The 2008 Constitution establishes a parliamentary government with an elected National Assembly and a National Council. Bhutan is a founding member of the South Asian Association for Regional Cooperation (SAARC). In 2020, Bhutan ranked third in South Asia after Sri Lanka and the Maldives in the Human Development Index. Bhutan is also a member of the Climate Vulnerable Forum, the Non-Aligned Movement, BIMSTEC, the IMF, the World Bank, UNESCO and the World Health Organization (WHO). Bhutan ranked first in SAARC in economic freedom, ease of doing business, peace and lack of corruption in 2016. Bhutan has one of the largest water reserves for hydropower in the world. Melting glaciers caused by climate change are a growing concern in Bhutan.
Foods in Bhutan :
(1) Ema Datshi – (chilies and cheese) :
If there is one national dish to eat when touring Bhutan, this is it. It’s so ubiquitous that some say if you haven’t eaten ema datshi, you haven’t been to Bhutan. The locals eat the stew, which is similar to a curry, daily along with red rice. It’s made of green, yellow or red chilies, yak or cow’s milk cheese, onions and tomatoes. Taste very carefully, though. The chilies of Bhutan are high up on the Scoville Heat Scale and are meant to make you warm enough to sweat.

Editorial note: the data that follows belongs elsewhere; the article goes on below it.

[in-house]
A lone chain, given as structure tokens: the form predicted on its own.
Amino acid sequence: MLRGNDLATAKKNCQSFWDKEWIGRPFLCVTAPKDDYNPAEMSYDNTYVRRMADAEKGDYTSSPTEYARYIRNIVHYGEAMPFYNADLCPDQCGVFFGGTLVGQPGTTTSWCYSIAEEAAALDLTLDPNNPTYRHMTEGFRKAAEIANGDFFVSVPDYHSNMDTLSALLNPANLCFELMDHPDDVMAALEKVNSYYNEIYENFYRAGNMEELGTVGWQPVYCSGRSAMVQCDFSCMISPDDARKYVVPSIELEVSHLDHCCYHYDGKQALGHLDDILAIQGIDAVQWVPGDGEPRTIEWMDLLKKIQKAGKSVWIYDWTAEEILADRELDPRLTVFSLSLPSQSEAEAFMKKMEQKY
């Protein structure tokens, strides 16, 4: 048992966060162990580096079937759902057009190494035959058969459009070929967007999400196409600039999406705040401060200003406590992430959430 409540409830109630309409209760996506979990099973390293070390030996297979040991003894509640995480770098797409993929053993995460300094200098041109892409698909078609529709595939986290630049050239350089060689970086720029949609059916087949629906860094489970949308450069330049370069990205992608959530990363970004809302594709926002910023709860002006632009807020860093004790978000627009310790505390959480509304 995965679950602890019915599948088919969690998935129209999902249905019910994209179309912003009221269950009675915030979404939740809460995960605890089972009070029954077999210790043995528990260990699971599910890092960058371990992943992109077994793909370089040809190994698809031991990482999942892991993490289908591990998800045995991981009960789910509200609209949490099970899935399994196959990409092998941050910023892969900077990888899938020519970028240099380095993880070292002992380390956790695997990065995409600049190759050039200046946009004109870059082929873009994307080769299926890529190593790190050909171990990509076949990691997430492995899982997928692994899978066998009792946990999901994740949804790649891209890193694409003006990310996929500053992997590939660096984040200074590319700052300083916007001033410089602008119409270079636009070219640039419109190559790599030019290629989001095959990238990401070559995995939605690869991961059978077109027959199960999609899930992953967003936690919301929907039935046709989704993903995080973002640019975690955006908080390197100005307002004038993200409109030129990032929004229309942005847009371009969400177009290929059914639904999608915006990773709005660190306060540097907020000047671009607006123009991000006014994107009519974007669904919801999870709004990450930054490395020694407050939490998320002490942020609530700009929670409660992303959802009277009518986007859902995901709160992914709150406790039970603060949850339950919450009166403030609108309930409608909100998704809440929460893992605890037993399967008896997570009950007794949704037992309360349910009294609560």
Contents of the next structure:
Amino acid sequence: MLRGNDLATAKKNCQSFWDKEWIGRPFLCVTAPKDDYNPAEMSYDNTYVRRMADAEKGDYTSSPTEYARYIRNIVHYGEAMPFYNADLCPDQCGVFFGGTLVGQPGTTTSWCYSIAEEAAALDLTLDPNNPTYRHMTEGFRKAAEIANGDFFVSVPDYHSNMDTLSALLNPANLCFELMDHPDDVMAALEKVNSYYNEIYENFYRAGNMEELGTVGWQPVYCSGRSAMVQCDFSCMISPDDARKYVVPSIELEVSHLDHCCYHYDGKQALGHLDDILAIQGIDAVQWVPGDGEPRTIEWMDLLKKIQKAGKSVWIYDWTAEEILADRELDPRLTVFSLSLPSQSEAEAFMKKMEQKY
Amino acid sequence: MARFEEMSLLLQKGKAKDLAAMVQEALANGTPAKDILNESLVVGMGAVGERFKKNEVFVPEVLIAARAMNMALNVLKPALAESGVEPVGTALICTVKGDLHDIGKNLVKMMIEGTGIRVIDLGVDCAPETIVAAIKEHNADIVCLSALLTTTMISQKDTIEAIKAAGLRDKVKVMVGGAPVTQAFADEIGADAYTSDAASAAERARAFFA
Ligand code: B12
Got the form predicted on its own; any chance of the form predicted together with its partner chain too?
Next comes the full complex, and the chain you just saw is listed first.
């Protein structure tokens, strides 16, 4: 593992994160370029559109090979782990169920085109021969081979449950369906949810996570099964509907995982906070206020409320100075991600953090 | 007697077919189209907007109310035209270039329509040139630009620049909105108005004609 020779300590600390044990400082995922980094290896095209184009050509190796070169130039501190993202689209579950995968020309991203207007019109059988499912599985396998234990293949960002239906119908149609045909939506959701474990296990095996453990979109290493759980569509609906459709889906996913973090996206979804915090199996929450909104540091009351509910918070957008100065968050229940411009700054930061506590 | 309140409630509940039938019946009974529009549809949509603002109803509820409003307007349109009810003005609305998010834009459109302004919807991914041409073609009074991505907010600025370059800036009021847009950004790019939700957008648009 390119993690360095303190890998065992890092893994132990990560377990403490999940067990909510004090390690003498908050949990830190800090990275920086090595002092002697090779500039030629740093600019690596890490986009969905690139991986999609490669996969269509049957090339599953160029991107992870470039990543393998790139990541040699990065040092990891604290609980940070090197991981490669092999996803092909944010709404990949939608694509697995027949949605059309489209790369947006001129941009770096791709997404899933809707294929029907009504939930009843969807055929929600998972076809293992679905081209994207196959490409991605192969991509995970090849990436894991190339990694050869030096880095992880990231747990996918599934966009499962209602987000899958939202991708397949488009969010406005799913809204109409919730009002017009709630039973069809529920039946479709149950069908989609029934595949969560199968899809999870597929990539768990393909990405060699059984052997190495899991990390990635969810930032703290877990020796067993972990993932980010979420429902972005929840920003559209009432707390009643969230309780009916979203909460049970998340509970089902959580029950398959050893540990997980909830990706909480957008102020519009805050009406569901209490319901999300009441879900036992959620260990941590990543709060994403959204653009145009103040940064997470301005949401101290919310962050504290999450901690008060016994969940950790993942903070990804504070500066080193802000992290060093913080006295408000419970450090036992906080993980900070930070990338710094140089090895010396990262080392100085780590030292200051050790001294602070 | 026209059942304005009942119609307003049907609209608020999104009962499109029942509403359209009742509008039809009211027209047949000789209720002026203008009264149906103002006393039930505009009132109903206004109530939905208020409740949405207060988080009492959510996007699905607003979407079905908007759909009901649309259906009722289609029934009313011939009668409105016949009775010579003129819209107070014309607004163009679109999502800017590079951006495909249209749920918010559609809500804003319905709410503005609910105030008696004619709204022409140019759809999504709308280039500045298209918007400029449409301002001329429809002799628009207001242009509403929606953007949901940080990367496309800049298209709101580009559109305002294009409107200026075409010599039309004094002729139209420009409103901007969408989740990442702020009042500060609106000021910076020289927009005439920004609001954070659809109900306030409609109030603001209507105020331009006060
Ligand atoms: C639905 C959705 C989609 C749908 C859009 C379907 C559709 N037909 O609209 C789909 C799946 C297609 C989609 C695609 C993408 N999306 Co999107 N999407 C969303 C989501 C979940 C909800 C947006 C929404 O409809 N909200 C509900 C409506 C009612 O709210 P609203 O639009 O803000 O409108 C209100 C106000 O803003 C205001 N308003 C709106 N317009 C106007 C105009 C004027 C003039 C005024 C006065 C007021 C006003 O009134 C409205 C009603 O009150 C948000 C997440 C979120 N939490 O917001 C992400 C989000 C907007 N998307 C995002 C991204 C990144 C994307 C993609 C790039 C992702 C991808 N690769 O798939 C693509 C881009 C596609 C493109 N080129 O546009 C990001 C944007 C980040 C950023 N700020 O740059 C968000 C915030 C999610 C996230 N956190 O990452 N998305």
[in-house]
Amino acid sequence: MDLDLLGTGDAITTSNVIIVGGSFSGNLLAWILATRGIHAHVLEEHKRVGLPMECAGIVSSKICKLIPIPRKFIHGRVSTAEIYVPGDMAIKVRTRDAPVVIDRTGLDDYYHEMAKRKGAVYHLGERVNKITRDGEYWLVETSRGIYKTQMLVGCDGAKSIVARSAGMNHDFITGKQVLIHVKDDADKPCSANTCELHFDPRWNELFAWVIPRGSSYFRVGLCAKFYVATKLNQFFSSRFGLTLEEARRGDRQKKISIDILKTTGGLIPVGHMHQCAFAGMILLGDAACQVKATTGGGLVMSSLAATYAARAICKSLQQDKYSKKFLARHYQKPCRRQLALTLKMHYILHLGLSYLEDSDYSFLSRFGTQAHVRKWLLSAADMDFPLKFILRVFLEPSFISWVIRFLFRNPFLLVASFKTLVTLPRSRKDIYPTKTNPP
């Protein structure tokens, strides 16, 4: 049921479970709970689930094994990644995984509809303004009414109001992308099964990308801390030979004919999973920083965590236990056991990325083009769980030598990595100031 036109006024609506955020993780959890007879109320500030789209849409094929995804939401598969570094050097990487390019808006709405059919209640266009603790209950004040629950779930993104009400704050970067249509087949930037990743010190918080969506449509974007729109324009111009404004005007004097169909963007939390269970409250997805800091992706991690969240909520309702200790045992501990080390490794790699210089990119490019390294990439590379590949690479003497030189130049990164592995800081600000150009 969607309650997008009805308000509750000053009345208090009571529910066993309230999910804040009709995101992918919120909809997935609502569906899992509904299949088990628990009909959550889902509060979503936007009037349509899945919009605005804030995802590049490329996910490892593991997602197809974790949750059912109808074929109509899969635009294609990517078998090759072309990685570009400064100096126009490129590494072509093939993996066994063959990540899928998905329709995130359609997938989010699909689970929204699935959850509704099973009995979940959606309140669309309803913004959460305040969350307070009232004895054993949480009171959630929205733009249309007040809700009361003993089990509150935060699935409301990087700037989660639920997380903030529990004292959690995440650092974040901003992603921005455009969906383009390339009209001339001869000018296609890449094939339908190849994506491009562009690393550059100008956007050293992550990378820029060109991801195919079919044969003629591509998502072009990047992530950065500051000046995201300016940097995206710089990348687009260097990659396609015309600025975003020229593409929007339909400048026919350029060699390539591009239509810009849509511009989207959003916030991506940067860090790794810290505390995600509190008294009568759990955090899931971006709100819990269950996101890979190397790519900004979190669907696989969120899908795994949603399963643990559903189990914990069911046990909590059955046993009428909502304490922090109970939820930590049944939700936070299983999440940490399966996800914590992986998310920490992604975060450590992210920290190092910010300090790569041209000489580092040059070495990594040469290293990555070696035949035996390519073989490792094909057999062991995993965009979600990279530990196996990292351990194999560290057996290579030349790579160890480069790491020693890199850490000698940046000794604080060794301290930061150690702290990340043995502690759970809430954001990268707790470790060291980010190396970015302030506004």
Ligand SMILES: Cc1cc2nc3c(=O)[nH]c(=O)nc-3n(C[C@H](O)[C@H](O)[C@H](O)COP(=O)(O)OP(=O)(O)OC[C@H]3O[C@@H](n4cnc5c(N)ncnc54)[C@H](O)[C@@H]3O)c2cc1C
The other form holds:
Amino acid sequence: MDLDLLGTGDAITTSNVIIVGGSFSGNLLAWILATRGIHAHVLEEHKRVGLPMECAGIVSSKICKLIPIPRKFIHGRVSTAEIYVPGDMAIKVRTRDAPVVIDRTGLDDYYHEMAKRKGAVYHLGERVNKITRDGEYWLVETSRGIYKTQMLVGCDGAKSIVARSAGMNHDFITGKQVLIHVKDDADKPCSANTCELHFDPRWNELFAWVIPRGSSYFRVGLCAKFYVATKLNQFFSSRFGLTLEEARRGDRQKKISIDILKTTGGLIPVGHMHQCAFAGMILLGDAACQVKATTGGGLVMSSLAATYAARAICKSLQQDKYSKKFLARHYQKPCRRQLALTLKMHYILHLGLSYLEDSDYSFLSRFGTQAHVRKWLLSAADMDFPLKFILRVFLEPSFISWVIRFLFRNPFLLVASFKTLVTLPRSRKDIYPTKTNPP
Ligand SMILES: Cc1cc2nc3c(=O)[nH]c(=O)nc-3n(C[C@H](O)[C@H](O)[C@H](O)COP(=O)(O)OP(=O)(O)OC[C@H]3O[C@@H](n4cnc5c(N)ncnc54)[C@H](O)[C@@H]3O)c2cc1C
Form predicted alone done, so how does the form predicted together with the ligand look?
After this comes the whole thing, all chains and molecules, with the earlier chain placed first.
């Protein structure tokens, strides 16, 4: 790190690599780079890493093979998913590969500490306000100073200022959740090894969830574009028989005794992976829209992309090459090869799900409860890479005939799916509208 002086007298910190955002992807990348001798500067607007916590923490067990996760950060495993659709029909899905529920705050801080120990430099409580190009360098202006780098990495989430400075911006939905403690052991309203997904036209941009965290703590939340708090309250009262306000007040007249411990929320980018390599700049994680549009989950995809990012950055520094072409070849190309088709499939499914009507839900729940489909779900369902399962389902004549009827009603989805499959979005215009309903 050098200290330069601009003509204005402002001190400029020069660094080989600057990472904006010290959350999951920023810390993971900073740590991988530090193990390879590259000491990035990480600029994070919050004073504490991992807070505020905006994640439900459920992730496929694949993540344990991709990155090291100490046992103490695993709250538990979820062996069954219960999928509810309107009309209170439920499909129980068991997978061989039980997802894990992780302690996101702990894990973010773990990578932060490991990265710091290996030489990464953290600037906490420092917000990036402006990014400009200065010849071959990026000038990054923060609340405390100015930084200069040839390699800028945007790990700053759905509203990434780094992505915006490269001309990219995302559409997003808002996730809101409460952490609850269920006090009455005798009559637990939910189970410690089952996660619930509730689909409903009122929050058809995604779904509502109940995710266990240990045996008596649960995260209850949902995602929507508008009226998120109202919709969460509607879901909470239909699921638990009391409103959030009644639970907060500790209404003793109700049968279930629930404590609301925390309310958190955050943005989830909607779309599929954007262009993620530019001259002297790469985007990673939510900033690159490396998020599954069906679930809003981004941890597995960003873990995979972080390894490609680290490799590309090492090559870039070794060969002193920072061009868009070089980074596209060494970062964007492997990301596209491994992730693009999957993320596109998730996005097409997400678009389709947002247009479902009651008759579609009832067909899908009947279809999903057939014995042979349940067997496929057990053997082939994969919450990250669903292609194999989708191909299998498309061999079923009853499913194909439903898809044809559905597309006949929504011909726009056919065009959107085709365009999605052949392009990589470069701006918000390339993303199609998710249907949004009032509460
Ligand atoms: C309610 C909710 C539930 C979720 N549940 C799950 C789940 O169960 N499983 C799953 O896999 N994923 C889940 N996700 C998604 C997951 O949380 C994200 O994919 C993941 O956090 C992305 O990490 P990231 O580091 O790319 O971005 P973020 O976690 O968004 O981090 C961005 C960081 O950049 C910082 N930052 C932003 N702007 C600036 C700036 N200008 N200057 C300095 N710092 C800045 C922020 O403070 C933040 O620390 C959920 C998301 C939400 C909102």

(2) Jasha Maroo or Maru – (spicy chicken) :
Although this mix of chilies, onion, tomato, garlic, coriander leaves and ginger is usually made with finely diced chicken, you will occasionally find it made with beef. Though often called a stew, there’s actually a hefty portion of liquid (chicken broth) in the finished dish. Like most Bhutanese food, it is served with red rice.
(3) Phaksha Paa – (Pork with Red Chilies) :
A classic Bhutanese stew of strips of boneless pork shoulder simmered slowly until tender with mooli (daikon radish), ginger, bok choy, and–you guessed it–chili powder. When finished, the stew is topped with dried pork and fresh green chili strips and served with rice.
(4) Momos – (Dumplings) :
This is one food that Western travelers may have sampled, since the momo has immigrated to India and is quite similar to the Chinese dumpling. Throughout the Himalayas–from Nepal and Tibet to Bhutan– these steamed buns are eaten as treats. They may be stuffed with almost anything, but the typical fillings are minced pork or beef, cabbage, or fresh cheese mixed with spices such as garlic, ginger and coriander.
(5) Red Rice :
Regardless of where you eat–from the elegant Aman and Uma resorts to an outdoor village festival, you will get red rice. Red rice is to Bhutanese food as bread is to the American table, but the rice is probably healthier. That’s because the rice paddies of Bhutan’s Paro Valley where the red rice is grown are irrigated with mineral-rich glacier water. Just one serving of Bhutanese red rice will give you 80 percent of your daily requirement for manganese and 20 percent of your need for phosphorus.The red color of the uncooked rice comes from the cancer-fighting antioxidant, the flavonoid anthocyanin. As it cooks, the color fades to a paler red or pink and the texture becomes soft and sticky.